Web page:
Goddard On His Last Adventure
School assemblies are notorious for being many things: boring, lame, tedious, unintentionally hilarious and other even less charitable classifications. But on rare occasions, students get to attend a presentation that is not only fun and fascinating, but it winds up being potentially life changing.
Such was the case for untold numbers of students – myself included – who were privileged to skip classes while La Cañada resident and worldwide adventurer John Goddard recounted his stories of world travel (he circumnavigated the globe not once but four times, for crying out loud!), exploits among the primitive peoples and accomplishments that would make even Indiana Jones and the World’s Most Interesting Man sit at his feet in rapt attention.
Mr. Goddard’s own website labels him both, “The World’s Greatest Goal Achiever” and “World-Renowned Adventurer, Explorer, Author, Lecturer.” If anything, I would say that’s an understatement.
A man of surprisingly short stature, slight build and impossibly jet-black hair, Mr. Goddard delighted countless audiences with tales of daring do and impossible feats. I’m sure that his hyper-normal physique and markedly un-adventurous appearance made audience members think to themselves, “If he can have such adventures, so can I.” At least that’s what I remember thinking the several times I heard this mega-adventurer speak over the course of my school years here in the Crescenta Valley.
It wasn’t only Goddard’s tales of adventures that made him so interesting. It was also the list he made at home in Los Angeles in 1940, a list which he would spend the rest of his life trying to fulfill. Sitting at his mother’s kitchen table at the age of only 15, young John made what may well have been the world’s first bucket list.
And what a list it was. Adding up to 127 things to do before he died, from becoming an Eagle Scout to climbing Mt. Everest, Goddard’s list was broken up into categories including “Explore,” “Study Primitive,” “Climb,” “Photograph,” “Explore Underwater,” “Visit,” “Swim In” and “Accomplish.” Of his 127 goals, only 16 would never be checked off. (To be fair, some of the 16 would have been impossible, such as “Appear in a Tarzan movie” and “Visit the moon.”)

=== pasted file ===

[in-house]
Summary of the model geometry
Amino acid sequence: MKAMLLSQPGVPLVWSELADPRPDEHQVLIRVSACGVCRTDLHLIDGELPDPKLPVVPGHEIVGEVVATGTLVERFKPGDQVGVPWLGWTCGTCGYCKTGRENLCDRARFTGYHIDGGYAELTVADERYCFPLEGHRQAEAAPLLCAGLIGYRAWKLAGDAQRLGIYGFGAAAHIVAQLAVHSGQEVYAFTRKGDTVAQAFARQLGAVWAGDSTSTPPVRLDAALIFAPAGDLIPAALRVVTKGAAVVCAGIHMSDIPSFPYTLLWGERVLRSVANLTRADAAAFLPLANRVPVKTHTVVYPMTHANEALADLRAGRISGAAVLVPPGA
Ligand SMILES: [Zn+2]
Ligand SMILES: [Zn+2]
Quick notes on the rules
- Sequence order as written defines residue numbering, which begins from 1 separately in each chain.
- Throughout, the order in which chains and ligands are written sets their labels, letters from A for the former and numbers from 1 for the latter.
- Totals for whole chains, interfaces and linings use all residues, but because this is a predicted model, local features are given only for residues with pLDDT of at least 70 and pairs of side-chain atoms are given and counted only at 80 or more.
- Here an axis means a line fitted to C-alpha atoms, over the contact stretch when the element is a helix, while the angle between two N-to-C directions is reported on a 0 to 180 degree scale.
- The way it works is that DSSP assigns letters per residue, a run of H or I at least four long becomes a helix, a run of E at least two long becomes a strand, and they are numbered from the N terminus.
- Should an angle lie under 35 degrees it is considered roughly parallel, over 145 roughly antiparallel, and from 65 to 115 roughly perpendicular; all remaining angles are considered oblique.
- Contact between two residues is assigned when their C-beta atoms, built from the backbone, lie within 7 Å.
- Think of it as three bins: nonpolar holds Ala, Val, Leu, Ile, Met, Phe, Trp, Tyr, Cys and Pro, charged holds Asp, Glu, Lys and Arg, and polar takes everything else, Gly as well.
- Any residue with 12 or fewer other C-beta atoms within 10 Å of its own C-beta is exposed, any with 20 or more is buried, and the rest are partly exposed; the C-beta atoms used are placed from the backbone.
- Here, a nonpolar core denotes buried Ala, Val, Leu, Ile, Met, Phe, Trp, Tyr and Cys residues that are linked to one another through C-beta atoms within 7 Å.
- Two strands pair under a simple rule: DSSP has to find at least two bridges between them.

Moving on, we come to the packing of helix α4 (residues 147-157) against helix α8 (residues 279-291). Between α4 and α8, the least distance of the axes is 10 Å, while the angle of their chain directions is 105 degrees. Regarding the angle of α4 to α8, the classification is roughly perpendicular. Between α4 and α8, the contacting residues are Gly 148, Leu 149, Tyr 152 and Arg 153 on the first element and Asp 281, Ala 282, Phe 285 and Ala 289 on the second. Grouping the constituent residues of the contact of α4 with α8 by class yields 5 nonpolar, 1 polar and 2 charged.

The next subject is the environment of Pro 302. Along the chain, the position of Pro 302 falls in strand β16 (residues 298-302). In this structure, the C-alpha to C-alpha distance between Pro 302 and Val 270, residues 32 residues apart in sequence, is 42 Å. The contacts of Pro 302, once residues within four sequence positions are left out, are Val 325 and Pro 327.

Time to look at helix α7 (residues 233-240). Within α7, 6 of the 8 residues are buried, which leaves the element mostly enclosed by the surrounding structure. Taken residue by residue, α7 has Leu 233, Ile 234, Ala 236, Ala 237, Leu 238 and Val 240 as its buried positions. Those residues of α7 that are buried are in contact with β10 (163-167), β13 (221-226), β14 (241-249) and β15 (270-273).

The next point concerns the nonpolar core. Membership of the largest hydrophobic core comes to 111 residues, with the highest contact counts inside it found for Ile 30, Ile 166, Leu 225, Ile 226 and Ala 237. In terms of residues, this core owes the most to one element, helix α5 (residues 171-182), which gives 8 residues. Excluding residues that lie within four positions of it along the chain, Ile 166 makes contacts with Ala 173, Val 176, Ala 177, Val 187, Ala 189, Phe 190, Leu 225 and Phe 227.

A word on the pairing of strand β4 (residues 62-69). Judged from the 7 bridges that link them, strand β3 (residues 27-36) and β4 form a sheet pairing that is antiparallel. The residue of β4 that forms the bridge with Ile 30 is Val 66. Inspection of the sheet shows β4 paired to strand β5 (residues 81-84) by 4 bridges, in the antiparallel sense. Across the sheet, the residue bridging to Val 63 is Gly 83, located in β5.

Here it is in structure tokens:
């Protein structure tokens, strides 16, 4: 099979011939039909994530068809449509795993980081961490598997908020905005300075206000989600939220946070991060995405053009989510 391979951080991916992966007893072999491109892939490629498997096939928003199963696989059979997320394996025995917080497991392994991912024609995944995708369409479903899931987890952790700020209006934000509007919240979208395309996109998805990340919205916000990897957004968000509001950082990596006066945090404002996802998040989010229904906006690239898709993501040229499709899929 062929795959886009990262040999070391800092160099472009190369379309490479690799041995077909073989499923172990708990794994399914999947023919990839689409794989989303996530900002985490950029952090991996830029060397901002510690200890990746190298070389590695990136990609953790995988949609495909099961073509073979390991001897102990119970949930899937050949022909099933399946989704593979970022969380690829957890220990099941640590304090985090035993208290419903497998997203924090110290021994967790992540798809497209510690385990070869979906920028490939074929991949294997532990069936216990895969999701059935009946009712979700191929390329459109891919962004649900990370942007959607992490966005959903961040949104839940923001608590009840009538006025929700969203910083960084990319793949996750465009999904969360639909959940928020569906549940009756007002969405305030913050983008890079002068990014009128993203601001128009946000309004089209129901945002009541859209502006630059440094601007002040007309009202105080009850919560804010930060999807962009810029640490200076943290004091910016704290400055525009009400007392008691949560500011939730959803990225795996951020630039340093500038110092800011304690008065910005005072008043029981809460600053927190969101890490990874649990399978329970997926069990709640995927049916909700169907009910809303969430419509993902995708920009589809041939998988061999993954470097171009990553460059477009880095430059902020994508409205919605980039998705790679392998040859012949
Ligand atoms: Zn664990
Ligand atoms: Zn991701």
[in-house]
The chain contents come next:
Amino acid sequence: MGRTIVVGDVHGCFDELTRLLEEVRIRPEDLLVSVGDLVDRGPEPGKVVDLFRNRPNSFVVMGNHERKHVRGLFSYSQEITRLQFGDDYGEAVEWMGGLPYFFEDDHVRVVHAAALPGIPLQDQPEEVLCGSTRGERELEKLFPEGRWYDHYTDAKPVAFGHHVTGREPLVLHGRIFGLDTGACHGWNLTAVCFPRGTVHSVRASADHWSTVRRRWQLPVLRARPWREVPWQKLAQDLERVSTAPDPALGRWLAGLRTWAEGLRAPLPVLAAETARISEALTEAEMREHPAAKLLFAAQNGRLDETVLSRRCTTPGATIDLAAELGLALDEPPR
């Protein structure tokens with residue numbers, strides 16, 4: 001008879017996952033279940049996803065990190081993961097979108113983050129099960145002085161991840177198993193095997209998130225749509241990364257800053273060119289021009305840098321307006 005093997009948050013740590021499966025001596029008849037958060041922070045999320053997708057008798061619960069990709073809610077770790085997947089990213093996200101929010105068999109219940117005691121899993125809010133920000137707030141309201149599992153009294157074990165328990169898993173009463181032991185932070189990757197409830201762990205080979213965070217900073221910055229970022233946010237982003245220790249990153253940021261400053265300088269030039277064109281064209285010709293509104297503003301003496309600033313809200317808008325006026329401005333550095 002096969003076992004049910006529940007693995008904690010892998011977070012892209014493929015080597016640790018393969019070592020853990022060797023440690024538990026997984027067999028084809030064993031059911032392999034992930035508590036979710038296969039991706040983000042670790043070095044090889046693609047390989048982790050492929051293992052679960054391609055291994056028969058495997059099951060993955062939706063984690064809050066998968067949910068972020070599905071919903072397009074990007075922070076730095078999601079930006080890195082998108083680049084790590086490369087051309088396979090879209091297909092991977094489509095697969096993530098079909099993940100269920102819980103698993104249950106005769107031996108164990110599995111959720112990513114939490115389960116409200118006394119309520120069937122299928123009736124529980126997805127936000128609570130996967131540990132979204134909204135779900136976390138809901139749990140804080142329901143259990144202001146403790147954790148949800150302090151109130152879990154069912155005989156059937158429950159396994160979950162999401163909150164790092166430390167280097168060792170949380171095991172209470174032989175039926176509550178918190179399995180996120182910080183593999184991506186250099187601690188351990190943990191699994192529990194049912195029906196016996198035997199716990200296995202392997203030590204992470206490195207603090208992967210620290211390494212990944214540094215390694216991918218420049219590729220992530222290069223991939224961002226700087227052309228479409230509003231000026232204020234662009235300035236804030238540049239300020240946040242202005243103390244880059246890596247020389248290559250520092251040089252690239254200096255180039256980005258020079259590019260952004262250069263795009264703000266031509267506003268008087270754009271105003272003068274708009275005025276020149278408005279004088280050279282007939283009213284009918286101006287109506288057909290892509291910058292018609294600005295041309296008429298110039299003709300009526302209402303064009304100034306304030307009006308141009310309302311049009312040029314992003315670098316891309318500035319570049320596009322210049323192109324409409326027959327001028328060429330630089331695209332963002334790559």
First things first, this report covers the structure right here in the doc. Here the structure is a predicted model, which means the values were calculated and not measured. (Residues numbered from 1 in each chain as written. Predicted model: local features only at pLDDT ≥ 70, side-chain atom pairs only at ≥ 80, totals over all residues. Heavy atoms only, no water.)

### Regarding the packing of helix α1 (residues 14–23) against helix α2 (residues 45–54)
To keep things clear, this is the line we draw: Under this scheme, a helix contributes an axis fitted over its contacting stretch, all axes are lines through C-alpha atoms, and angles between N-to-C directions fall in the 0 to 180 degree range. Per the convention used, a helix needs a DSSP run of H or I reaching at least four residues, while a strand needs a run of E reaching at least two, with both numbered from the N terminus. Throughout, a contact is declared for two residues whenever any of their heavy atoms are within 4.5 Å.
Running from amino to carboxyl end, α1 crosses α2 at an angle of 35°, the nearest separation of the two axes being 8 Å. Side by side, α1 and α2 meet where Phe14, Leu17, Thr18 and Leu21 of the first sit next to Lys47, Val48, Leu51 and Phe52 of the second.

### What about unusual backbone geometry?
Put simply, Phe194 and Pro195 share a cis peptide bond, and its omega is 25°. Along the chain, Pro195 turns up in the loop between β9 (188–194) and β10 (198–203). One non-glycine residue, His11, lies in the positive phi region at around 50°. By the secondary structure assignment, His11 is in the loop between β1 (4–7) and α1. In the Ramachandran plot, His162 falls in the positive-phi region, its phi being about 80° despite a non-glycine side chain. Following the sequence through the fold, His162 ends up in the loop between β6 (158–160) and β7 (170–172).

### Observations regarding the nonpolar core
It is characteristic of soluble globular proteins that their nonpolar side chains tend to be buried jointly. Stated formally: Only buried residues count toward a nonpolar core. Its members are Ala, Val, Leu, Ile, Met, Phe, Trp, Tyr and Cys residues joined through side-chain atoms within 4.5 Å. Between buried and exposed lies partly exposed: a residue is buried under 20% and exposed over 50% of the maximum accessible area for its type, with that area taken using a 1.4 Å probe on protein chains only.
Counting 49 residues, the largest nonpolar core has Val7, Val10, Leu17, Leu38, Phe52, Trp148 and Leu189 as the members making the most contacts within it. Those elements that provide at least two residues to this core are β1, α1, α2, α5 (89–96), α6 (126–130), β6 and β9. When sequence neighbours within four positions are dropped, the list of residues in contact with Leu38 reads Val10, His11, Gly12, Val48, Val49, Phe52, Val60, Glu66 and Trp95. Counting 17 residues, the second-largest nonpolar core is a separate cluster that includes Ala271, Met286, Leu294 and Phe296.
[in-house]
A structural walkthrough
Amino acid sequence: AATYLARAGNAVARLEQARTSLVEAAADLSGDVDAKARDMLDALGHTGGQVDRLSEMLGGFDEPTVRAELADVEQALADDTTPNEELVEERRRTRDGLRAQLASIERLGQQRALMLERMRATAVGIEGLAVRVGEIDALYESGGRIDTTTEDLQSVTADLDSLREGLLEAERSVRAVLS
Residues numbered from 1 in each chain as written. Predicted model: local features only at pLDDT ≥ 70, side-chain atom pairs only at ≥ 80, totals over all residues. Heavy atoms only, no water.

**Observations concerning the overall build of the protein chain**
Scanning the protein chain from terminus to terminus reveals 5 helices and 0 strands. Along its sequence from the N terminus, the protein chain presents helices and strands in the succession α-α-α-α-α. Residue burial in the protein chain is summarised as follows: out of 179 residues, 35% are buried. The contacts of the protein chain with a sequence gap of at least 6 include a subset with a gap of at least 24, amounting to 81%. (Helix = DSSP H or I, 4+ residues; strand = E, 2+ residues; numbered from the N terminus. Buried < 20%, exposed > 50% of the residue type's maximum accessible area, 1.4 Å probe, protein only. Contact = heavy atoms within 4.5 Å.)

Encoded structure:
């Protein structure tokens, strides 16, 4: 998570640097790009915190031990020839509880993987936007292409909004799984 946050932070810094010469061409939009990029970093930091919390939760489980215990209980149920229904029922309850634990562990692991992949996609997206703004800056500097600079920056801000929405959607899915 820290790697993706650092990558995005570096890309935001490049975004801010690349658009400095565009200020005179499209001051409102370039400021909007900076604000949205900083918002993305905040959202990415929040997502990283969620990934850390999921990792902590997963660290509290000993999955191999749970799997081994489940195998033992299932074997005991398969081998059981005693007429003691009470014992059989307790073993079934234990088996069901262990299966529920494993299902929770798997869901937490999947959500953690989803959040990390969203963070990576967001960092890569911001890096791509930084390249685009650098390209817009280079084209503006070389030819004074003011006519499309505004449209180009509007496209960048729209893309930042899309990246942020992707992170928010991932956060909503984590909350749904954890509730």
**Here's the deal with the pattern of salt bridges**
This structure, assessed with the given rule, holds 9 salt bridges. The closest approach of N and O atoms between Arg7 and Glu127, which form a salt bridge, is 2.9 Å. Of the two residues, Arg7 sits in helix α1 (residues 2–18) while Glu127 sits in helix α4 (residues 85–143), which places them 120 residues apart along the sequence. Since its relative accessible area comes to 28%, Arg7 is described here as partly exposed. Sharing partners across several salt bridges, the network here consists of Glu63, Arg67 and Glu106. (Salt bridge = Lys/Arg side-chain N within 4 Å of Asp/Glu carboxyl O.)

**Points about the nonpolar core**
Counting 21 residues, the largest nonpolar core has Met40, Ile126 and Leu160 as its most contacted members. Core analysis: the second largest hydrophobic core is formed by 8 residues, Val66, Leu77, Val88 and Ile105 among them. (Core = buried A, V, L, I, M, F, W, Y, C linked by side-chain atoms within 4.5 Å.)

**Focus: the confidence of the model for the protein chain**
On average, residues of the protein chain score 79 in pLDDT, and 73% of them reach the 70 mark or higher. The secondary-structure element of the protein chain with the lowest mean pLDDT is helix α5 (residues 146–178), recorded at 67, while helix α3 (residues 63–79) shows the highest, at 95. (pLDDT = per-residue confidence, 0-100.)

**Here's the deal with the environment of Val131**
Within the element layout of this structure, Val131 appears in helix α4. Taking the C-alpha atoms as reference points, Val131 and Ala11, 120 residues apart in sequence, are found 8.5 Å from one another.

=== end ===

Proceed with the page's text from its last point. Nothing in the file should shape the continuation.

Surprisingly, a few of the items Goddard failed to accomplish would seem at first glance to have been relatively easy to do for a man of his determination and experience, like “Climb Mt. McKinley,” “Follow River Jordan from Sea of Galilee to Dead Sea,” or “Become a ham radio operator.” I can’t help but wonder why a man who would “Become proficient in the use of a plane, motorcycle, tractor, surfboard, rifle, pistol, canoe, microscope, football, basketball, bow and arrow, lariat and boomerang,” couldn’t or didn’t learn to operate a ham radio.
I remember, in particular, hearing him say that one of the goals he wrote as a 15-year-old was to marry a beautiful woman and have children. I’m happy to say that I was able to emulate him in this goal, although I “only” had four kids to Mr. Goddard’s six. As to the rest of his list, I can only say that I have accomplished a mere 20 of his 127.
Then again, the theme of Mr. Goddard’s presentations to students was always to make your own list of goals to strive to achieve. I worry that this sense of adventure and self-challenge may be all but gone in today’s youth. Hopefully I’m wrong.
Goddard’s final goal, number 127, was to “Live to see the 21st century.” Indeed, he did. John Goddard passed away on Friday, May 17 at the impressive age of 88. I would venture to say he is the embodiment of a life well lived.
And now, he’s on his last and greatest adventure of all. It wouldn’t surprise me to learn that this very minute he’s speaking to an attentive audience of angels and regaling them with his life’s adventures.
Godspeed and safe travels, John Goddard!
I’ll see you ’round town.